Tuesday, August 9, 2011

Another world, another time. Or is it?

I'm reading again. One of my favorite things to do to take me out of my own life and in to someone else's. I'm currently reading "The Help" by Kathryn Stockett. It takes place in the 1960's in Jackson, Mississippi, and it's about the differences in race and lifestyle.

It's an amazing read.

Growing up in a predominantly white place, I guess I never really thought people were still racist. Other than my great grandmother, who still referred to black people as 'coloreds" in her old age, and who we shamefully shyster when she did, I was always taught that race didn't matter, and never gave it much more thought. But when I got married and moved to Georgia, I was quickly slapped in to a reality where there was still so much pain from the past and fear of what was different, namely the color of your skin.

I encountered many judging looks and poor attitudes from some of the black women in the doth. I didn't understand it at the time, and I felt that they were wrong for judging me as a white woman. When we moved to Alaska, I began to notice more how white people spoke disdainfully of black people, even referring to MLK Jr's birthday as "Nigger Day". I found it disgusting.

When we moved back to Savannah, Georgia, I enrolled my preschool aged sons in a family run daycare. On enrollment day, they told me that my kids were the only white children there, as if that would make me suddenly change my mind. Instead, it reinforced my decision to send them there. When would my two white sons ever know what it was like to be a minority? I loved that school, and the family that ran it. They took extra time with my eldest son, as his Aspergers Syndrome was just starting to become apparent.

Finally one night, Gavin asked me why his friend Jamaal had brown skin and he had pink skin? I told my five year old boy that it was the same as him having red hair and me having blond, or him having blue eyes and his daddy having brown. God makes us in many colors so that the world is as colorful as a painting.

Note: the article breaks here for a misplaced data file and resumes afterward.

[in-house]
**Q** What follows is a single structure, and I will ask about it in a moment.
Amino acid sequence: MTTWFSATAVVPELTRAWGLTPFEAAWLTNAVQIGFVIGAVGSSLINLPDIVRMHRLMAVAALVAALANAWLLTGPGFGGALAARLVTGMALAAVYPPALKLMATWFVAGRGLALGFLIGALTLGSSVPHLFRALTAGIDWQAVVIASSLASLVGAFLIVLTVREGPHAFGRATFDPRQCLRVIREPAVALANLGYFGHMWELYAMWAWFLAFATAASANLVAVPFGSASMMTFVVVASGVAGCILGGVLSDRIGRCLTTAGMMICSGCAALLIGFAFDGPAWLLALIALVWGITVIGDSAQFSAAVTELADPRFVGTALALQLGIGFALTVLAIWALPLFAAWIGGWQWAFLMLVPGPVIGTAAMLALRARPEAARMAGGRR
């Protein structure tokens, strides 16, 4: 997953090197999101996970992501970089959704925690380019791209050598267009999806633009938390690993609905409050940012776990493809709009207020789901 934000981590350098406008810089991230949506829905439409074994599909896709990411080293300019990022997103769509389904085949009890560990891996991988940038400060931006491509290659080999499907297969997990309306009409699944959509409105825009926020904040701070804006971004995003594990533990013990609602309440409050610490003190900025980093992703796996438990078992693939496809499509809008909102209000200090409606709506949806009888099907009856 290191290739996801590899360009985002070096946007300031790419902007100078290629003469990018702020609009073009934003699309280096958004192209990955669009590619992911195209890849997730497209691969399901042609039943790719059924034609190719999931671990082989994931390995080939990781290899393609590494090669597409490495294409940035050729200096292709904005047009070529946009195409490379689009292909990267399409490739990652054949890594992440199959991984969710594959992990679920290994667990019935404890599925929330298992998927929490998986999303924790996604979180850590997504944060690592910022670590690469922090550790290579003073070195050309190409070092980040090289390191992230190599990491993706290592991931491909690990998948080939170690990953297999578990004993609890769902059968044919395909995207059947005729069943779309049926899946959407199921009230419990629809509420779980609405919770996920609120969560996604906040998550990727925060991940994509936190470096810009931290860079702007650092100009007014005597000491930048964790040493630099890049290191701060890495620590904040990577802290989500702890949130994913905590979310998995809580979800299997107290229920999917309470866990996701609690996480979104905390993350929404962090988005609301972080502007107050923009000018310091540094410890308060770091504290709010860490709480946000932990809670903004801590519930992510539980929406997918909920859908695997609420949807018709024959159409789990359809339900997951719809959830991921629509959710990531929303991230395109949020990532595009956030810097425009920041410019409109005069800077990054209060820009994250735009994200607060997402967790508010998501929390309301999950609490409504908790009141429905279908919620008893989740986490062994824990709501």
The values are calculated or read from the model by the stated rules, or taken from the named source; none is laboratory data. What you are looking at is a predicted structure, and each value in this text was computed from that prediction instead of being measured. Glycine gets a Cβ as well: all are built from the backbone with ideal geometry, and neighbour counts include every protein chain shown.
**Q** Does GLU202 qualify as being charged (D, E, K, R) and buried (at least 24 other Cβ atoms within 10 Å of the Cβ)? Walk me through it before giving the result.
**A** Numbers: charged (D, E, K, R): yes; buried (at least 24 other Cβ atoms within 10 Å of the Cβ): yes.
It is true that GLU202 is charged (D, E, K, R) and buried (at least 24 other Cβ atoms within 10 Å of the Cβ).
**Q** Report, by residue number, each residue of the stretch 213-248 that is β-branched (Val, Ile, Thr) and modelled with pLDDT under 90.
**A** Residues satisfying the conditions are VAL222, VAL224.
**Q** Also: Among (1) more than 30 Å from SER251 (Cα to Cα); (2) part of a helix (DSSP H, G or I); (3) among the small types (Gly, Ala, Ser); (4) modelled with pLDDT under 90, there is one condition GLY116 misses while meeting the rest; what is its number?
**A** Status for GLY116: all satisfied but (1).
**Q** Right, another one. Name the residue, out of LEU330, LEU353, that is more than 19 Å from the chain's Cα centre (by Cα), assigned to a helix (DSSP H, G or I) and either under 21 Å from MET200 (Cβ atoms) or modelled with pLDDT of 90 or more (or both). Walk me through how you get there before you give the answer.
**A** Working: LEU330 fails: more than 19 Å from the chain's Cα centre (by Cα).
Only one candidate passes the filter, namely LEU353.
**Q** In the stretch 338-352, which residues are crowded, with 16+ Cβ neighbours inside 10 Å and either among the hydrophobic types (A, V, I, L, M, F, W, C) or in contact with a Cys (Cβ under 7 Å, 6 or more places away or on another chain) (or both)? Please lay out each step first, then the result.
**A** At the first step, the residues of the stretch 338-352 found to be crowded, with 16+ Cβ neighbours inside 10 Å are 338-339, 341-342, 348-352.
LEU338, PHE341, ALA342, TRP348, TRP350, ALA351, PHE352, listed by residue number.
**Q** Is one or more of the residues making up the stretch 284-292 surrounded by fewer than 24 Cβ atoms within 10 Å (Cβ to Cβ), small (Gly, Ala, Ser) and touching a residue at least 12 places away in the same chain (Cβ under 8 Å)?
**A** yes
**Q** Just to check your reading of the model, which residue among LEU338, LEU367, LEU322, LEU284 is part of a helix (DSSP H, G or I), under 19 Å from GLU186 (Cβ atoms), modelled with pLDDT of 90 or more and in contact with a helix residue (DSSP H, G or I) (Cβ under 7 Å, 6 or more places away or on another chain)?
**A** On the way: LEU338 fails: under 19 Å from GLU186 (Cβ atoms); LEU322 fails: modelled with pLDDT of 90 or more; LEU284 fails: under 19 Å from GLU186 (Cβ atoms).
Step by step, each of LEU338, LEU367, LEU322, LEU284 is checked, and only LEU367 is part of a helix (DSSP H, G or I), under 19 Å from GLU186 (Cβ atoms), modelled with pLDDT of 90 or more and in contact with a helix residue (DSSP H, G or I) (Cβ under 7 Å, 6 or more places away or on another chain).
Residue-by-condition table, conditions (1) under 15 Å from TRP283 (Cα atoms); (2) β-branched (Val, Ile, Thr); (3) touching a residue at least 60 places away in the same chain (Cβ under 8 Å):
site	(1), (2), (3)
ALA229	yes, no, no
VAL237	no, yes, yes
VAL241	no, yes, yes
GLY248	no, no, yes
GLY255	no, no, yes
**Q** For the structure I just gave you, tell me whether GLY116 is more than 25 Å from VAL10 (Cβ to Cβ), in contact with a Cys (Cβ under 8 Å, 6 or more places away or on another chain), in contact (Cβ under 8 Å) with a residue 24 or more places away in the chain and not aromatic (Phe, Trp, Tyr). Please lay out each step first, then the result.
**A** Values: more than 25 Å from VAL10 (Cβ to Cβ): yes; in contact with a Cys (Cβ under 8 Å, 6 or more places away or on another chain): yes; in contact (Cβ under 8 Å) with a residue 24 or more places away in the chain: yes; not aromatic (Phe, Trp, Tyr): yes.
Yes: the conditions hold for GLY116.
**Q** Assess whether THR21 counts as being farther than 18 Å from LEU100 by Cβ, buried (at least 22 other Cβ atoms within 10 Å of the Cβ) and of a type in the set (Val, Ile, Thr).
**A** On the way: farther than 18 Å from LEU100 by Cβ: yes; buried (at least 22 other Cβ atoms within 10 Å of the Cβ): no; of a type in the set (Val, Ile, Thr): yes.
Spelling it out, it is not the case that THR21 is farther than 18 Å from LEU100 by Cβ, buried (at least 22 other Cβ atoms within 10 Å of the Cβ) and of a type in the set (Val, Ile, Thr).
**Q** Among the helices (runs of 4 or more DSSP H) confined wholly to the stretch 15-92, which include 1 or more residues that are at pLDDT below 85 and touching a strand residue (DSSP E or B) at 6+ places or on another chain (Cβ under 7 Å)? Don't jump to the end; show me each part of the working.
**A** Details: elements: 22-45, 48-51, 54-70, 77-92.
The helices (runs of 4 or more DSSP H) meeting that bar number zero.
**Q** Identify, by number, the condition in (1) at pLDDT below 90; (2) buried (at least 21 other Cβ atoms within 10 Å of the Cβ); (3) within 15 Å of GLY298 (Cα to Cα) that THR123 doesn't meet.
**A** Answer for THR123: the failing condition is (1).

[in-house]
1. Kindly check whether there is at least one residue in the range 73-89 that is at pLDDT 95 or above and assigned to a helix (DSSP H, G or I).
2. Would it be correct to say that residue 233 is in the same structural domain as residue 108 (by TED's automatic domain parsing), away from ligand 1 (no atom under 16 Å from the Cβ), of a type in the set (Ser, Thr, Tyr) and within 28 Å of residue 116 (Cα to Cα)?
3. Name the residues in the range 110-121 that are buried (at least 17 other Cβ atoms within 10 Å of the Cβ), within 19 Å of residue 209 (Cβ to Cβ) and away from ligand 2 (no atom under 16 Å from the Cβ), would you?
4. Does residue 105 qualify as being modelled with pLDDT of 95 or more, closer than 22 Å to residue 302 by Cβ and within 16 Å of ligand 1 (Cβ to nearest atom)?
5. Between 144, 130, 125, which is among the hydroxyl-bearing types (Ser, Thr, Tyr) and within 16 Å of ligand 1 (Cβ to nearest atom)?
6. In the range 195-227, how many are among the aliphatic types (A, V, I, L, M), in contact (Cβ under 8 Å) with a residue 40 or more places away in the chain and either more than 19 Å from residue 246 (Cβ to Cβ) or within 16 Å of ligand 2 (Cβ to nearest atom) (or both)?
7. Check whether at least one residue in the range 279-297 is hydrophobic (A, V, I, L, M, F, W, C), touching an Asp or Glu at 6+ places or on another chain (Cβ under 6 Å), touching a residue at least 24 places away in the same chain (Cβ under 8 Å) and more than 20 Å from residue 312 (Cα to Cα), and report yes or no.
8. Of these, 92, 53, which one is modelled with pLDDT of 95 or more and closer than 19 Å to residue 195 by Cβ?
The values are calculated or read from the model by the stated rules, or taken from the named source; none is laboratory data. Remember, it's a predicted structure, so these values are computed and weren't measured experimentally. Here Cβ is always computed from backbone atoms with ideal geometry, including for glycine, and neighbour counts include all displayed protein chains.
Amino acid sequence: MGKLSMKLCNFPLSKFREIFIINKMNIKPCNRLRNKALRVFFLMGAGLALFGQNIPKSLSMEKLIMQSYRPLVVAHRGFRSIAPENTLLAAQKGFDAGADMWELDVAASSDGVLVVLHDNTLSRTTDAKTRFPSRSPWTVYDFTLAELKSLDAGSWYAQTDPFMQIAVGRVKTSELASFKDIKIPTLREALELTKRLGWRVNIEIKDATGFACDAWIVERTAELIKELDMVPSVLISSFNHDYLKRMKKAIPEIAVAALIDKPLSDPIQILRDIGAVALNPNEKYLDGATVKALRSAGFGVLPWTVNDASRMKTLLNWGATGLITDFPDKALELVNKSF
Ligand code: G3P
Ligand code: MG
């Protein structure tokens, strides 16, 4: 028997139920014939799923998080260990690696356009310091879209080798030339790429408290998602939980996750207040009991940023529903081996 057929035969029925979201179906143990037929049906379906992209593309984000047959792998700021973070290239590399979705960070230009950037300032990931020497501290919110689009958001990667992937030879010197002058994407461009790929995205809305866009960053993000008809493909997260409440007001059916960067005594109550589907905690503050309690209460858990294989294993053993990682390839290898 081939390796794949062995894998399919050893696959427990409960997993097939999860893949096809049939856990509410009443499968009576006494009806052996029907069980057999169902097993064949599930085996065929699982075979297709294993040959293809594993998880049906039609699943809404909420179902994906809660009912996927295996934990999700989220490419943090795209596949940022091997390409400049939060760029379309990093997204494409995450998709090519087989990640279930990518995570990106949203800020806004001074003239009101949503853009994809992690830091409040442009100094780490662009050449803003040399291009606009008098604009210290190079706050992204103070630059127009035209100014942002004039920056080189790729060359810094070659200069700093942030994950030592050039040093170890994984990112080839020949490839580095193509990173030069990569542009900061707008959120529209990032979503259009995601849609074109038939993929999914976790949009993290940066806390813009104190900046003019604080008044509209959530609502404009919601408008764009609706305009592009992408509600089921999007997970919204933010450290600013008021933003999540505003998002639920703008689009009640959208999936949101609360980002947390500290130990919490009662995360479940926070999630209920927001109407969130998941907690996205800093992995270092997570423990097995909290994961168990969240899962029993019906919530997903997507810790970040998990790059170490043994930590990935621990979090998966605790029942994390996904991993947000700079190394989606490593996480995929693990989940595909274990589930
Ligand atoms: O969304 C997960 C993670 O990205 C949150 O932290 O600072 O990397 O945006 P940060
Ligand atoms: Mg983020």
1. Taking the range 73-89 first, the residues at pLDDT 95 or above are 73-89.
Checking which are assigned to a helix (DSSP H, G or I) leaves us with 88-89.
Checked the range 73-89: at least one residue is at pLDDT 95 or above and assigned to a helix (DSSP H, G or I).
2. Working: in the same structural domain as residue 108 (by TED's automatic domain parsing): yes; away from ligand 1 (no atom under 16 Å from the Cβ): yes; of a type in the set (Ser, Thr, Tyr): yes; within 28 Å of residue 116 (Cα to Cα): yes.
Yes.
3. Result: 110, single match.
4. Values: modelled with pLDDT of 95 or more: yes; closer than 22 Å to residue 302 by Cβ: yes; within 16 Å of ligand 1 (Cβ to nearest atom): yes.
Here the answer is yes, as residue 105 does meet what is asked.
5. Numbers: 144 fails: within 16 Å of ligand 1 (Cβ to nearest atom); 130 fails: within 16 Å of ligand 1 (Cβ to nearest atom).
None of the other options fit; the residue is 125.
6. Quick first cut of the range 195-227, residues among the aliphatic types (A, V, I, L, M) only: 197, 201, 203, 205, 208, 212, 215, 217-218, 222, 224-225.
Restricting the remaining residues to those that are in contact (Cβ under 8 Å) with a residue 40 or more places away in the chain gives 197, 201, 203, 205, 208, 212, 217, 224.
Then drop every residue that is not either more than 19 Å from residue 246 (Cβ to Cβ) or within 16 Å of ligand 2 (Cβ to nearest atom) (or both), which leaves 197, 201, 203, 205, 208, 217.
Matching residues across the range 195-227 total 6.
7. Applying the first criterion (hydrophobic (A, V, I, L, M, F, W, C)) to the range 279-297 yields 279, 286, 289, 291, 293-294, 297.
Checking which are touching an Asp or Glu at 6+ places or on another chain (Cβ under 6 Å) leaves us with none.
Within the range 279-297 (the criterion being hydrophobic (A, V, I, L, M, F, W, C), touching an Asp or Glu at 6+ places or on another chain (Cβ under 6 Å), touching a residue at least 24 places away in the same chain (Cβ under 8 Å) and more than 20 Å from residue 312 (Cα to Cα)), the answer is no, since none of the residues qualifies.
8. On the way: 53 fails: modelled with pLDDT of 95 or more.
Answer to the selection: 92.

My boy is now eleven and I look forward to the day he gets married, so we can add some pretty colors to our family. I am proud that my children don't see color as a race. Especially after having the unpleasant acquaintance of a woman from Jackson, MS, and hearing how she couldn't voted for a black man for President even though her own children were half Puerto Rican, and how she had only married their father because she became pregnant put of wedlock. How horrible a day when her own kids realize they are worth less to their own mother because they aren't fully white?

I don't know what my point was in sharing these thoughts today, other than hoping that people will learn from their mistakes from the past. It's the socially acceptable thing now to hate Muslims, and even as the wife of a soldier, I am sickened by the hate and fear that people still let excuse their bad behavior because it's politically correct.

Next time you want to nervously eye someone of a different race, make the change within yourself and do what is right. I know far worse people of my own race than anyone I've ever met of a different one.


  1. "Next time you want to nervously eye someone of a different race, make the change within yourself and do what is right. I know far worse people of my own race than anyone I've ever met of a different one."

    So well said!!!

  2. Spot on! I've spent a lot of time in deep Mississippi and sadly that book could be written about life there today and be completely relevant.

  3. "God makes us in many colors so that the world is as colorful as a painting."

    What a beautiful way to look at it. I am so proud of you and the example you put forth to your children. I, too, was raised in an area where racism was almost never an issue, and then was thrown into the south due to the military, and was just shocked by everyone's attitude towards difference in race. And it makes me feel even worse that sometimes it's assumed that because I'm Caucasian, I must automatically hate African Americans.

    I don't tolerate racism for a minute, and have immediately dropped friends whom I've made here if it's shown that they are. I even automatically blush when I hear "nigger", and refuse to even say that word, even if the correct definition is used. We all bleed the same, and in my eyes, that makes us the same. I love your way of wording it though.

  4. It's Val:

    I love that book! It's now a favorite. "The Help" shows the good, the bad, and the ugly of black help in the 60's. At the end of the day, people are people, and sometimes there are very few things that seperate us from one another.

    I hope my kids get to be around multiple races, unlike we did. Although, one thing about our school that was different, was it seemed that if you were a minority, it made you popular... at least in my class.

    You remind me of a strong, black woman!

  5. I just bought the book and am excited to read. I love this post, great job! Growing up in Utah you'd think that racism would be ever where and that there really wouldn't be ANY minorities, but there ARE and racism is actually fairly non existent.. and I truly don't believe it's because people keep it to themselves. After living in the south, I realize what REAL racism is... I am looked at oddly or treated poorly because I'm white when around some black people, and I've also met plenty of white people that use the 'N' word in their everyday vocabulary... it was a SHOCK to say the least... I didn't grow up only around white people, thankfully, and I also didn't grow up around others putting each other down for their race... though you'd think different coming from lil ol' Utah. Thanks for sharing and letting me share back!! xo